Jacob Fred Jazz Odyssey: Stay Gold

Review By Greg Molitor

If one takes a deep look into the elements behind the music of Jacob Fred Jazz Odyssey, he or she might notice change is a prevalent theme. After seeing the Fred for numerous years, regular line-up changes and stylistic shifts have conditioned me to expect the unexpected. As the driving force behind each Jacob Fred Jazz Odyssey incarnation, pianist and composer Brian Haas remains the alone original member after co-founder and bassist Reed Mathis parted ways with Jacob Fred Jazz Odyssey in 2008. Since their arrival, new members Chris Combs (Lap Steel), Josh Raymer (Drums), and bassist Matt Hayes have not only kept intact the progression of Haas’ vision but have infused their own sense of playfulness that undeniably represents Jacob Fred Jazz Odyssey.

A will to change is evident on the group’s latest release, Stay Gold, available on both vinyl and CD courtesy of Kinnara Records. For a group deeply rooted in jazz, Jacob Fred Jazz Odyssey takes a courageously unique step forward with Stay Gold. The album is unlike any sort of traditional or modern jazz I’ve heard…one might even consider the album rock & roll if the mood strikes. Unfortunately, overused labels such as these rarely serve justice to the beautiful offerings at hand; “Stay Gold” is drenched with spacious sonic explorations that travel far beyond any preconceived notions one might hold.

A sign of a true musician, pianist Haas shows remarkable restraint by allowing Combs to lead the melody on his lap steel guitar for most of the album. Songs “Sensation of Being Light”, “Stay Gold”, and “Hamby’s Window” feature Comb’s slick pedal steel work while Haas fills brilliantly, constantly keeping the listener on his or her toes by introducing harmonic and tonal ideas throughout each musical offering. When not directly providing his voice, Combs provides versatility by creating both enormous and subtle sonic swells in order to fill the imaginative pockets created by Haas, Hayes, and Raymer. The delicate nature of Combs playing best shines through with his offerings on the more traditional “This Our Home”, and the spacious, polyrhythmic adventure, “David”.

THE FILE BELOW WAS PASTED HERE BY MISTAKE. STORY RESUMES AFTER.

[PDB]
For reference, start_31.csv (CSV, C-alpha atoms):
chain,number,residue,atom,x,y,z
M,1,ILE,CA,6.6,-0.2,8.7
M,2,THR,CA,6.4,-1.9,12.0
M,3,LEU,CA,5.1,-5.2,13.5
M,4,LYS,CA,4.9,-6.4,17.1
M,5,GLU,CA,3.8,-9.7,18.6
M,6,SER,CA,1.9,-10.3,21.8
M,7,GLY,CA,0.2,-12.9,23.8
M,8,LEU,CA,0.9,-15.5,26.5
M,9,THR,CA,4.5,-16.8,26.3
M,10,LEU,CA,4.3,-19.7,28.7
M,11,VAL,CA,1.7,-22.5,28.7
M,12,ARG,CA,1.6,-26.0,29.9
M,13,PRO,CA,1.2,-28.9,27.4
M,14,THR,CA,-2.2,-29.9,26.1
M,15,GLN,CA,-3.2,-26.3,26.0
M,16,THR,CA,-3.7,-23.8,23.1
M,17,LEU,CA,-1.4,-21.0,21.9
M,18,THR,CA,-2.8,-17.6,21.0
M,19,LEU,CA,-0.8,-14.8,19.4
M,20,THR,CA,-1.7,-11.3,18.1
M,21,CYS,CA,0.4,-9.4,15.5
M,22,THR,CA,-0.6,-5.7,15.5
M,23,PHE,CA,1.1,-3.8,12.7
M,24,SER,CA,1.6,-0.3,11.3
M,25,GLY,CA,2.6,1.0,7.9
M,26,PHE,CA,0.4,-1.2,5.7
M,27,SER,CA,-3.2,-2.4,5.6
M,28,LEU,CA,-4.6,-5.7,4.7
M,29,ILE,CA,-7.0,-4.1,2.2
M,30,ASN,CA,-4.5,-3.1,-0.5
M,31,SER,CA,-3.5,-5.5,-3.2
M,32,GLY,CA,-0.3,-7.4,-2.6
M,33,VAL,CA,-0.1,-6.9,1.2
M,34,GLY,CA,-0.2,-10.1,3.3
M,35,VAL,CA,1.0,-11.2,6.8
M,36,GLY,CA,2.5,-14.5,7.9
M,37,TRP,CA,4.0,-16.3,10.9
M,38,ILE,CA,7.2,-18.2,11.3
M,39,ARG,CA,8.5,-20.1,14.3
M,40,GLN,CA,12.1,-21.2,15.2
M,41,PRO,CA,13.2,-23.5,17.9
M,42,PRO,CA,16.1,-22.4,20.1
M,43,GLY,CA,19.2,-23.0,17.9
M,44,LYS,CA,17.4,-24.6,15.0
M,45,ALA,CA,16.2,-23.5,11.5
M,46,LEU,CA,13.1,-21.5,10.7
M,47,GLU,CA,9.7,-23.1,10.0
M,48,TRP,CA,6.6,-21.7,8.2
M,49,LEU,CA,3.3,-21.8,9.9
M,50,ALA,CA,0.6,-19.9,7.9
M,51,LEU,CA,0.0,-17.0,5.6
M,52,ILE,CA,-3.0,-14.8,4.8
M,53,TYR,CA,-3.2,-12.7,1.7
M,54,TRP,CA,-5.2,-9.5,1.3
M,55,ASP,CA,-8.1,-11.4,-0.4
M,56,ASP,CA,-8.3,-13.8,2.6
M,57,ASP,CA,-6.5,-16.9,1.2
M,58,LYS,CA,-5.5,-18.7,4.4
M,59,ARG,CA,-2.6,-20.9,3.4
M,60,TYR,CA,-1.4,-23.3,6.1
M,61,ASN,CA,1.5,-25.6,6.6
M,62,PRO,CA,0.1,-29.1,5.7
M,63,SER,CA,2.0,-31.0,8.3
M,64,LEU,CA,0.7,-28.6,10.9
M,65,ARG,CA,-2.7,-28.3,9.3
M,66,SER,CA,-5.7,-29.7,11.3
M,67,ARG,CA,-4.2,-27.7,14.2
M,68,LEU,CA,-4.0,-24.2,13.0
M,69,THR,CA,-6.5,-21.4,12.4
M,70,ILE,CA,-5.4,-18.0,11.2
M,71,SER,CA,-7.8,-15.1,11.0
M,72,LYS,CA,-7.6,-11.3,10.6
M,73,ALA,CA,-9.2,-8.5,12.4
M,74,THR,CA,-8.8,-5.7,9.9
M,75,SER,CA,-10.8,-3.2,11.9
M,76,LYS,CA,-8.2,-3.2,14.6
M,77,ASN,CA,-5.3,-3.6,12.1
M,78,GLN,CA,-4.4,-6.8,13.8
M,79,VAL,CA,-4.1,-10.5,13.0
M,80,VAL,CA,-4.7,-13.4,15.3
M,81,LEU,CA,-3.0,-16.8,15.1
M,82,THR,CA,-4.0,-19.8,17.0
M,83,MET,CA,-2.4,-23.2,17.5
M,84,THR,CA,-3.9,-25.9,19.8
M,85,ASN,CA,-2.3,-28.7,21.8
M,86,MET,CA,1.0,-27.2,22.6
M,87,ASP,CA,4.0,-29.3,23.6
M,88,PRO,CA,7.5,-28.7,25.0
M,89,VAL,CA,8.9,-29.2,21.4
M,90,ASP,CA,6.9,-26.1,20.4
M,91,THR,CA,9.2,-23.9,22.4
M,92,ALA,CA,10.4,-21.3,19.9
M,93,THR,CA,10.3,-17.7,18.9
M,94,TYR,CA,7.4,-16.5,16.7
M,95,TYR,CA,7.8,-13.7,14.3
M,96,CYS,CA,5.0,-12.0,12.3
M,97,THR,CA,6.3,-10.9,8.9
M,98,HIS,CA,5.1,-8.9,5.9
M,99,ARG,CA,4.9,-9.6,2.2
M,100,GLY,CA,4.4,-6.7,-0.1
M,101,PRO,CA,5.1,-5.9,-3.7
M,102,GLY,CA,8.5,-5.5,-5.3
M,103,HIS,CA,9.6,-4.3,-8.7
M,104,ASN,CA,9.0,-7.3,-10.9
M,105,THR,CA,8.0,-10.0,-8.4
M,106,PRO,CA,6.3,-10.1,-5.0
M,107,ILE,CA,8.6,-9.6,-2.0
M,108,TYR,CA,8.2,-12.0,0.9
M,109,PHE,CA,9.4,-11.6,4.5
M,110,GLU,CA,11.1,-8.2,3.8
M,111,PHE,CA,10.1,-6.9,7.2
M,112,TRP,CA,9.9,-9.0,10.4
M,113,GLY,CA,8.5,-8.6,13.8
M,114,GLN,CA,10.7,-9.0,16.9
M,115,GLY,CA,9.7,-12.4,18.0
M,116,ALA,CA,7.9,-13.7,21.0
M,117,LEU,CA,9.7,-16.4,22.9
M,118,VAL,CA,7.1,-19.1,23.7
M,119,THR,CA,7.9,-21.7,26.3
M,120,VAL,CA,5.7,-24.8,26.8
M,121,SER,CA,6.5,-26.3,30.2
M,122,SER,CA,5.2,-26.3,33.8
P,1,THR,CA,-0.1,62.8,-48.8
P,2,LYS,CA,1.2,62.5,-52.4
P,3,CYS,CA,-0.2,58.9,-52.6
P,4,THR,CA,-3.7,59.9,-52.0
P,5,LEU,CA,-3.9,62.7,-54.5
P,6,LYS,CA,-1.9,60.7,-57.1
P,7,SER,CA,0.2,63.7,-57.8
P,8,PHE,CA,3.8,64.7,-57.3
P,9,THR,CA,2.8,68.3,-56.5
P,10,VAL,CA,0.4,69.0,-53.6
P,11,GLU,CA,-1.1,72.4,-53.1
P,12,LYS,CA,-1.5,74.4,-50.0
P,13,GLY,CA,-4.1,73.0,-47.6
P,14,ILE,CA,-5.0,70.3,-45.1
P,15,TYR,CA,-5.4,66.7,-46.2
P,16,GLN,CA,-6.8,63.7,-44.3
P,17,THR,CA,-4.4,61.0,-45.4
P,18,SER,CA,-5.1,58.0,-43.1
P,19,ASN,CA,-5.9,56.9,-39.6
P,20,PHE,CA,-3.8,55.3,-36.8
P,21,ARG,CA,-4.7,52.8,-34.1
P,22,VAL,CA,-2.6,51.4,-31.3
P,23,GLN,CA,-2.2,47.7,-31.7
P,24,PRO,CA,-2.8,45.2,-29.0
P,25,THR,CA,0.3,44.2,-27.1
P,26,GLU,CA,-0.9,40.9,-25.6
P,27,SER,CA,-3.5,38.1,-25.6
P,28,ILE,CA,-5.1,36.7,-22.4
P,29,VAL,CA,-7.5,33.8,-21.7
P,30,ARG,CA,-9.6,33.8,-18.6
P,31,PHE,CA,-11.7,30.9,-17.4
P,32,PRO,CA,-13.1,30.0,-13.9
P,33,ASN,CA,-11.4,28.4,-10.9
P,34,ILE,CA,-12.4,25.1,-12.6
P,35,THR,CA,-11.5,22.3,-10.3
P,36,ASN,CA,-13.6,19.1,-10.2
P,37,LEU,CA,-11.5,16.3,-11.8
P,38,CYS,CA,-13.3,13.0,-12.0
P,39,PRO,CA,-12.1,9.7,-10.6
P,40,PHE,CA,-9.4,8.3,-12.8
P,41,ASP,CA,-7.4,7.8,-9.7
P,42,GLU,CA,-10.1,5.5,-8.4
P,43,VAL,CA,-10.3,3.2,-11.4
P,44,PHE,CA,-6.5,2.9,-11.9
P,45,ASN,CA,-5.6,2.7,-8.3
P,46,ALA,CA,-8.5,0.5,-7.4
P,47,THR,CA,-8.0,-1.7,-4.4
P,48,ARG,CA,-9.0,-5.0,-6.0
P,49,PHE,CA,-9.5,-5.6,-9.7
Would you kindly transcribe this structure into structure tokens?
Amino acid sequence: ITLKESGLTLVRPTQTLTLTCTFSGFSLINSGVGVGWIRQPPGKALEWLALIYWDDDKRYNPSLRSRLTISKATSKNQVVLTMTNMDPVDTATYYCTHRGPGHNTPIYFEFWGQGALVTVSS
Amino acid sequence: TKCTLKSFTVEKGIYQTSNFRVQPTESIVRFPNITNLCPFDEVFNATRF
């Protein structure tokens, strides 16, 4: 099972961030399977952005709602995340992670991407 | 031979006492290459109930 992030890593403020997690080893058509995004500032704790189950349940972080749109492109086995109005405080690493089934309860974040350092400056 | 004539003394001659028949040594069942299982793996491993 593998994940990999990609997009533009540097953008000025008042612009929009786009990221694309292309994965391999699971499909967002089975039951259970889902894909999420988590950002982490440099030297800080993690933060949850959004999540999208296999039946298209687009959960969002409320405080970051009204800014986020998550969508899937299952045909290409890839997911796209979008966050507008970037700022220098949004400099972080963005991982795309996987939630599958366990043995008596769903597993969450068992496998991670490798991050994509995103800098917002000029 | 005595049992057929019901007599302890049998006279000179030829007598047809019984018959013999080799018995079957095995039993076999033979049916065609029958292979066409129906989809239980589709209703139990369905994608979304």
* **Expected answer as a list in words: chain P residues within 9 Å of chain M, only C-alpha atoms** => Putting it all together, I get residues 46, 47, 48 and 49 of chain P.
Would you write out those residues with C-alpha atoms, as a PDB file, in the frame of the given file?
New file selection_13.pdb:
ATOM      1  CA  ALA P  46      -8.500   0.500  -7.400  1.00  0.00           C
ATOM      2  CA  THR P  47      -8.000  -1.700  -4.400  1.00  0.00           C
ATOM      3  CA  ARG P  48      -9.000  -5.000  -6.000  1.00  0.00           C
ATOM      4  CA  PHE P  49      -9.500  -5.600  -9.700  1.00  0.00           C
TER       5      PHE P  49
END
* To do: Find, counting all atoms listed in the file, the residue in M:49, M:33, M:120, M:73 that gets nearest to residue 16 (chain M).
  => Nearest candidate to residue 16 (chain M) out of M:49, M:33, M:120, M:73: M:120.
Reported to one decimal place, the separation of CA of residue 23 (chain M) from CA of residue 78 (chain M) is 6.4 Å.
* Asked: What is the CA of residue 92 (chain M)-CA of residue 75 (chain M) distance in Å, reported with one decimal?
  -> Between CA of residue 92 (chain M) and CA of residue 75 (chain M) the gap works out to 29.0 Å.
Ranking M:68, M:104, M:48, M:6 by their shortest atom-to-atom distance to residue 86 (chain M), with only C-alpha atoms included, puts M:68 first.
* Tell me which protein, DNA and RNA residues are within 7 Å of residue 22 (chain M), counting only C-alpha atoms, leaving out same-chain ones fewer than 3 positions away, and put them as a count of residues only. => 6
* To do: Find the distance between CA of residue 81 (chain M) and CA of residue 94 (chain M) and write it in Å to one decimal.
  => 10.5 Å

Although much praise should be given to each member’s contributions throughout “Stay Gold”, the most surprising and enjoyable element to the album is the presence of Josh Raymer’s pinpoint and thunderous drumming. As early as the first track, “Sensation of Being Light”, Raymer takes the reins to Jacob Fred Jazz Odyssey’s improvisational vehicle by constantly dropping huge fills and engaging in a musical discussion with bassist Matt Hayes that illustrates their respective wisdom beyond years. Whether Raymer is dominating the syncopated “Sensation”, the funky throwdown of “Hamby’s Window”, or the rockin’, energy-filled grooves found in “Trampoline Phoenix”, his work is never overdone. Raymer’s drumming voice not only echoes the power and touch displayed by jazz greats such as Roy Haynes and Jack DeJohnette, but also, to an equal extent, mimics the youthful, new-school swagger of a younger drummer such as an Adam Deitch.

Staying honest to its inventive nature, Jacob Fred Jazz Odyssey has created another gem for its fans with “Stay Gold”. Those familiar with the Fred should be pleased by the group’s continuative efforts; newer listeners, in turn, will have a fresh opportunity to experience its soulful, indigenously American sounds for the first time. Recently in Oklahoma, the band presented its reinterpretation of Beethoven’s 3rd and 6th symphonies alongside the 44-piece Bartlesville Symphony Orchestra. Titled “Ludwig”, the band’s critically-acclaimed performance exemplifies its desire for continual change and innovation. “Stay Gold” is not merely an album…it is also a timestamp for a bright, forward-thinking group of musicians to call their own. Jacob Fred Jazz Odyssey should be proud of this accomplishment as those who listen will certainly be sharing the same emotion.



  1. Awesome review. Really nailed the spirit of the record. I'm proud to be from the same city as these talented gentlemen.

    Although, to be correct, Matt Hayes is the bassist on this album, and "Sensation of Seeing Light" is in 4.

  2. We'll get those corrects made stat. We appreciate your feedback and assistance.



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